You have to feel for the Syrian people up against the relentless brutality of Bashar Assad.
The people continue to resist and refuse to back down against Assad's crackdown that has killed hundreds, perhaps thousands even in the face of snipers and tanks using live fire and killing scores. Their quest for freedom seems unshakeable.
In Syria the army and the security forces come mainly from the minority Shiite Alawite sect while the majority of the Syrian people are Sunni and thus the sectarian divide of the ruler and the ruled.
So when we hear of Assad and his forces firing on his "own" people the great qualifier is the people are not represented in Assad's inner circle or those in the military and security forces having allegiance to him.
We do hear reports of occasional defections from the army joining the people's protest, but even this is sketchy, hard to verify and as yet probably in no significant numbers that can be said to form a viable military opposition.
Yet as Assad cracks down harder the numbers of people in protest is expanding rather than diminishing, the people even more defiant despite the increased brutality. Meanwhile along the Syrian/ Turkish border thousands have crossed into Turkey setting up makeshift refugee camps of innocents trying to escape the onslaught.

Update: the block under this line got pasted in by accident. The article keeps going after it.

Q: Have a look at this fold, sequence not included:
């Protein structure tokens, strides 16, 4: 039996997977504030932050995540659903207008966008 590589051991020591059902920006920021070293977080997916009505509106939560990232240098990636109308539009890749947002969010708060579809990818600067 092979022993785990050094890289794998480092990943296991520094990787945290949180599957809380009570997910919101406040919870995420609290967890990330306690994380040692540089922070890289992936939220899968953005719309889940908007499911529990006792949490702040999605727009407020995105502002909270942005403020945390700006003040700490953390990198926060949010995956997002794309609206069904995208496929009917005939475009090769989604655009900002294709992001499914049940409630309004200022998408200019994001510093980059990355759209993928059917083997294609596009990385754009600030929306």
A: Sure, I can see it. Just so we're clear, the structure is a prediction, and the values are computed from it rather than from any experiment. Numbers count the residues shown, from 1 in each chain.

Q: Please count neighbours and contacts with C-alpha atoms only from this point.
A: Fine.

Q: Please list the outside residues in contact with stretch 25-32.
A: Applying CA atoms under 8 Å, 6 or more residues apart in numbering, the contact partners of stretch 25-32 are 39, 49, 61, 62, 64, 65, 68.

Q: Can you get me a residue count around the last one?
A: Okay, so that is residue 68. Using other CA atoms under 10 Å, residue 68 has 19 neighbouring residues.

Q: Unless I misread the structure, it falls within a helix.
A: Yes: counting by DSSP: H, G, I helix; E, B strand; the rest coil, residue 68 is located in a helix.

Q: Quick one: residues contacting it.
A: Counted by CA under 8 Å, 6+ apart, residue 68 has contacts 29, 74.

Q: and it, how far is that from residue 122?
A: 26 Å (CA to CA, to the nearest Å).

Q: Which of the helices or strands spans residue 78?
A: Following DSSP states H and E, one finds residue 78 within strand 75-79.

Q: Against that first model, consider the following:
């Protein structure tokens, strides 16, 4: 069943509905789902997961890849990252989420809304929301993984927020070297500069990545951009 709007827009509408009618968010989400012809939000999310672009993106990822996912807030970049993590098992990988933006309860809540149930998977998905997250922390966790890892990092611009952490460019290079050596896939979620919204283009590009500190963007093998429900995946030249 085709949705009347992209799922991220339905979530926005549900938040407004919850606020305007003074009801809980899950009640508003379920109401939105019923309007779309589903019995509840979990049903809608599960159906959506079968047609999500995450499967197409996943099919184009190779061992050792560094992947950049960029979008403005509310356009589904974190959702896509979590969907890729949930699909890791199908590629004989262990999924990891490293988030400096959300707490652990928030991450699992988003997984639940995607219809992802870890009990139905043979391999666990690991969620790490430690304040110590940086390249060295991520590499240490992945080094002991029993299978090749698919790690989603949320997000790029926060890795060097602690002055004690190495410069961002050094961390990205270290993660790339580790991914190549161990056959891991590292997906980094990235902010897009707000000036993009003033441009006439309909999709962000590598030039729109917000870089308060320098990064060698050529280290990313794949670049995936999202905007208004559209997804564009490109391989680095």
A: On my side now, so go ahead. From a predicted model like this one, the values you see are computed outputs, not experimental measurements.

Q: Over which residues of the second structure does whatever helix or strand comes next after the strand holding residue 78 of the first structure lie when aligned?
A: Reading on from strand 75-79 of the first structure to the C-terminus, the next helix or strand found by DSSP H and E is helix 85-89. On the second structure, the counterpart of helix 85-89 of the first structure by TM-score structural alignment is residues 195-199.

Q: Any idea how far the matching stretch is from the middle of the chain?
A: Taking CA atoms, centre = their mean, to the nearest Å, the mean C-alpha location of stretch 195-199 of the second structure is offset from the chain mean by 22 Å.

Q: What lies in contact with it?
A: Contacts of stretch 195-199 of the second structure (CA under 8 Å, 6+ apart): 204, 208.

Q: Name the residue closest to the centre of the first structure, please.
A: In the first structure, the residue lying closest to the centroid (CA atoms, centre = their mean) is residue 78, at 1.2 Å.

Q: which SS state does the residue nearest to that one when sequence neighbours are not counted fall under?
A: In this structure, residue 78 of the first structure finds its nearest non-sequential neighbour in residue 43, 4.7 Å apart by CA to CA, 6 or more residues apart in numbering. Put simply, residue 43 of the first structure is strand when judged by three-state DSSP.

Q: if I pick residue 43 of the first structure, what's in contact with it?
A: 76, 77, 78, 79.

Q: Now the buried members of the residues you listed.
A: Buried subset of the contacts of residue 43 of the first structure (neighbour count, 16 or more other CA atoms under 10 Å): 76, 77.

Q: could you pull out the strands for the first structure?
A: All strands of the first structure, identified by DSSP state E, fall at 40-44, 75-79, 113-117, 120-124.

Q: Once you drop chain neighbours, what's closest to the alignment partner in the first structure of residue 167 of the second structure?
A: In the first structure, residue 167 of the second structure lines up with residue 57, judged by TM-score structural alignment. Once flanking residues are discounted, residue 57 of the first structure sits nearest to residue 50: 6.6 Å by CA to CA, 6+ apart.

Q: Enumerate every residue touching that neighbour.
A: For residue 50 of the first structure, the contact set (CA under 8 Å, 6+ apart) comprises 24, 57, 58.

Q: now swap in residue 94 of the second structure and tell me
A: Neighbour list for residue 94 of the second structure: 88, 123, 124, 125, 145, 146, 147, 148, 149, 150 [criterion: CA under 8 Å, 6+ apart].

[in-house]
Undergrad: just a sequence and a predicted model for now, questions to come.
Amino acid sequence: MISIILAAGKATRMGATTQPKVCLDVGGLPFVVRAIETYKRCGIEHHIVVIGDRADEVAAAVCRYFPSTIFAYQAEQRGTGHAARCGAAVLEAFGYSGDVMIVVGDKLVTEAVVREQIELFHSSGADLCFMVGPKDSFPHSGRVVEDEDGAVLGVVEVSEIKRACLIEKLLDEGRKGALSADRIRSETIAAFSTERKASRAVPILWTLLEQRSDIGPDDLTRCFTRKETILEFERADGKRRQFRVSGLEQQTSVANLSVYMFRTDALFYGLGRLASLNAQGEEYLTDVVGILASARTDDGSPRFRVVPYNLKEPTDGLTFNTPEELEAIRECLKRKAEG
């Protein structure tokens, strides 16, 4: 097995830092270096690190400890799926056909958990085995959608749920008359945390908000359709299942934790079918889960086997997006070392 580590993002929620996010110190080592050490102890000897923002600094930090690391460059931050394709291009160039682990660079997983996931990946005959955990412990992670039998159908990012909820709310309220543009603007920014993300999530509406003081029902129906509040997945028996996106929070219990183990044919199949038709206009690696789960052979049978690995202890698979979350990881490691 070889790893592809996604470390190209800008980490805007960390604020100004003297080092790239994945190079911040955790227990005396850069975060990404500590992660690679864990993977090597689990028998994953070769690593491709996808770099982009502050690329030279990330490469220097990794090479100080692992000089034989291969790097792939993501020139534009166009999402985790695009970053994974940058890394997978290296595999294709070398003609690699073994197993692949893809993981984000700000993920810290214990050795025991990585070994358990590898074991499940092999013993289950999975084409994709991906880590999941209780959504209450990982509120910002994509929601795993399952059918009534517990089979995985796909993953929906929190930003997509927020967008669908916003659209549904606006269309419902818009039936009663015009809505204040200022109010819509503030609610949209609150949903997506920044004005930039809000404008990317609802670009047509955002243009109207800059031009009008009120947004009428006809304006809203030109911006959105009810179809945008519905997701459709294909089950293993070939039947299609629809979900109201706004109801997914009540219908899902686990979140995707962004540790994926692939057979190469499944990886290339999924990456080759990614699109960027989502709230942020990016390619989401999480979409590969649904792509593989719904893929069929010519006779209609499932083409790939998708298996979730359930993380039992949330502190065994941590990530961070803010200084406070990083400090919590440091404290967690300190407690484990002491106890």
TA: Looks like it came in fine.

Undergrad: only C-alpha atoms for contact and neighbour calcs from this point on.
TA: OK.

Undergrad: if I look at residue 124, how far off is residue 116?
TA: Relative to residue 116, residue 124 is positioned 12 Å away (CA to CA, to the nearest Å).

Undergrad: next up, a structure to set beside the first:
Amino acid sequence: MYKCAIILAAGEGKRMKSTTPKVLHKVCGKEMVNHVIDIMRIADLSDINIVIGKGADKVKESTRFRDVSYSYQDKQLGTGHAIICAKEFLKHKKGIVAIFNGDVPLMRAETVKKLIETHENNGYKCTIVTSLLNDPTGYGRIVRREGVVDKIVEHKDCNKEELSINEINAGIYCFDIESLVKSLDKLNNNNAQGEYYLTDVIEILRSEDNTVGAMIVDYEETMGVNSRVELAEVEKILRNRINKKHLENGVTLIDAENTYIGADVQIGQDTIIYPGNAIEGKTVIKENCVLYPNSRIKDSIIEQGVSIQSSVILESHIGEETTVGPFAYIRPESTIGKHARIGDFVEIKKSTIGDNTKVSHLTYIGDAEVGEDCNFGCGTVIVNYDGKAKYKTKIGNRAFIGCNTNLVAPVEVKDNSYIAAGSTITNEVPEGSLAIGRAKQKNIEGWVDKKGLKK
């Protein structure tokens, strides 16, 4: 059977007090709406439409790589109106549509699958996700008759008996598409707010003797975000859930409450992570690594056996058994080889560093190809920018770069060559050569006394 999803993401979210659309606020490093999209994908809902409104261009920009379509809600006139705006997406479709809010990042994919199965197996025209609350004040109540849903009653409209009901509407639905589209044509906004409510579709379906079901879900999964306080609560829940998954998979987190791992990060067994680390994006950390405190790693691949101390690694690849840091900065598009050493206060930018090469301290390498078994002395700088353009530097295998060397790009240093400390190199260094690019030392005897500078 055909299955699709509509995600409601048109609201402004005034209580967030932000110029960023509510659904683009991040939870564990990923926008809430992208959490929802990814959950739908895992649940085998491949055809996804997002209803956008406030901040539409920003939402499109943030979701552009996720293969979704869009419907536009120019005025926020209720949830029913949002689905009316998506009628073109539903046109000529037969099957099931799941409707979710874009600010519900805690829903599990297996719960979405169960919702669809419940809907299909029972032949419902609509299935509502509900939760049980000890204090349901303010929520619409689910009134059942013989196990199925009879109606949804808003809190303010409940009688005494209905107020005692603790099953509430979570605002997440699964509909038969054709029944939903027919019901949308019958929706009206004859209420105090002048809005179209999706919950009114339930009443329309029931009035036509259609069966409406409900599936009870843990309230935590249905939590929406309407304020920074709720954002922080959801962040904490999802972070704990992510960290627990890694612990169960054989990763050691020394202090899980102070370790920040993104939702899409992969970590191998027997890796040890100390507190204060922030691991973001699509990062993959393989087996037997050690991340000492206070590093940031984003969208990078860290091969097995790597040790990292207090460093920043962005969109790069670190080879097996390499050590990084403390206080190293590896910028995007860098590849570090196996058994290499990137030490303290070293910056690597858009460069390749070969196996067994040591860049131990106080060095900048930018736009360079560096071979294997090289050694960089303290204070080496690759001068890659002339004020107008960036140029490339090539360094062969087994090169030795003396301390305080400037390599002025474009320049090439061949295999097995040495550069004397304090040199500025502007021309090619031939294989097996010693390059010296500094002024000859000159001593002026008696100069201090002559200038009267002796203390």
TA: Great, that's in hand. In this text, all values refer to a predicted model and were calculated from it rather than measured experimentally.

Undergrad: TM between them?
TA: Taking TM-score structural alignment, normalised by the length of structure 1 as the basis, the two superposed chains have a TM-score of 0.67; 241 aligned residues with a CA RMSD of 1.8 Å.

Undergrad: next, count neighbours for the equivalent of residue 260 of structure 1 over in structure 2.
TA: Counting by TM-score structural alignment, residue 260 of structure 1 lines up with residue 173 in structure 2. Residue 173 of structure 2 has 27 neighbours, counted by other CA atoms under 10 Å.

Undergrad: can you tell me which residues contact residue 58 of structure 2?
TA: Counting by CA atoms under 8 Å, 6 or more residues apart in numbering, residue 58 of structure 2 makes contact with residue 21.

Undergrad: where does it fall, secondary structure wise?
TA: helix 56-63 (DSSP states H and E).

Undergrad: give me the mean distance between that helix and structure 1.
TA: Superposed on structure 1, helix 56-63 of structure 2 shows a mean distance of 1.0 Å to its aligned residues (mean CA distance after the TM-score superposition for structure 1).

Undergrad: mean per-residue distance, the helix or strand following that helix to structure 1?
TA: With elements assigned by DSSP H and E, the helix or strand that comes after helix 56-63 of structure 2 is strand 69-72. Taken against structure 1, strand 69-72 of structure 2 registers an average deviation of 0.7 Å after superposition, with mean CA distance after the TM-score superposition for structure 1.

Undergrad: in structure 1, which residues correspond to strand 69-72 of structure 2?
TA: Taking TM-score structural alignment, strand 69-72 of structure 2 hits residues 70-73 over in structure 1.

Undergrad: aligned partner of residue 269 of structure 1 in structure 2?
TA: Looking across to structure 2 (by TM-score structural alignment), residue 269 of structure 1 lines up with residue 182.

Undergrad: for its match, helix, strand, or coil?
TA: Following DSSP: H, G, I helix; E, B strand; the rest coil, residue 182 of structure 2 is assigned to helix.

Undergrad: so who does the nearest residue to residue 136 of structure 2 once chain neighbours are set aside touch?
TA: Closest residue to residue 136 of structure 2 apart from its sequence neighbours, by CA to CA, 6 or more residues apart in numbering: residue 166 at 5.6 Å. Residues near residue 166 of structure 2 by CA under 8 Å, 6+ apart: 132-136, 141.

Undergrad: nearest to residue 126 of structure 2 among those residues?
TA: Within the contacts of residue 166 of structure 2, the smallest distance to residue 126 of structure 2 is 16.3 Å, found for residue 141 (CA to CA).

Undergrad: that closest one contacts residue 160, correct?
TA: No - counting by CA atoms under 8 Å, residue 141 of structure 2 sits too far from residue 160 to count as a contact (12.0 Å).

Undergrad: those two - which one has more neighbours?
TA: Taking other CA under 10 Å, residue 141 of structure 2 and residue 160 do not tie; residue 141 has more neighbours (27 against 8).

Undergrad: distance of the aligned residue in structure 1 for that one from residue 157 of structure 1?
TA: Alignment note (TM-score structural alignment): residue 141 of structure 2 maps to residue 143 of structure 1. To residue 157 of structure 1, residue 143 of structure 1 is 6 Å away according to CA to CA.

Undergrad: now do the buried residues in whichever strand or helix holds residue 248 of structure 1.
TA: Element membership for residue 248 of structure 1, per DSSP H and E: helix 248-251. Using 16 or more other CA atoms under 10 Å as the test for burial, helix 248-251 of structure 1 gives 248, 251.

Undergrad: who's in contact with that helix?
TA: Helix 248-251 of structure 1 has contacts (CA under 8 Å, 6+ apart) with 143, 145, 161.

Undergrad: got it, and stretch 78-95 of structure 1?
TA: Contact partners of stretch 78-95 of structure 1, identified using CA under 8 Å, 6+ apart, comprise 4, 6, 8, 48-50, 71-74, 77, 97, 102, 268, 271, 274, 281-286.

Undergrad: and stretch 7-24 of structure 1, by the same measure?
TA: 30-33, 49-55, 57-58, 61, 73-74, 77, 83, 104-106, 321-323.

Prime Minister Recep Erdogan of Turkey has recently condemned Assad's brutal tactics, finally voicing criticism of his former ally most probably in concern for the burgeoning humanitarian crisis on his doorstep.
Other than recent economic sanctions imposed on Assad and condemnations by U.N. Secretary General Ban Ki- moon as well as calls in the West for Assad to end his brutality, the reality is there is no unanimity in the international community to intervene in Syria.
Assad knows this and seeing what has happened to his counter parts in Tunisia and Egypt (who were forced to step down as the people's protests grew and the army and the generals in those countries refused to fire against their own people) has taken the approach of his Iranian ally and cracked down even harder.
It is impossible to predict the political outcome in Syria. Assad reportedly is set to give a televised address to the Syrian people in the coming week or ten days. It seems hard to imagine at this stage of the people's rebellion whether any attempts by Assad to offer reforms of his regime will satisfy the people and quell their determination to accept anything short of his stepping down from power. The situation in Syria remains the most unpredictable of any of the recent uprisings in the Arab world.
At this point, the reluctant conclusion from here is the Syrian people are on their own. That's the unfortunate reality.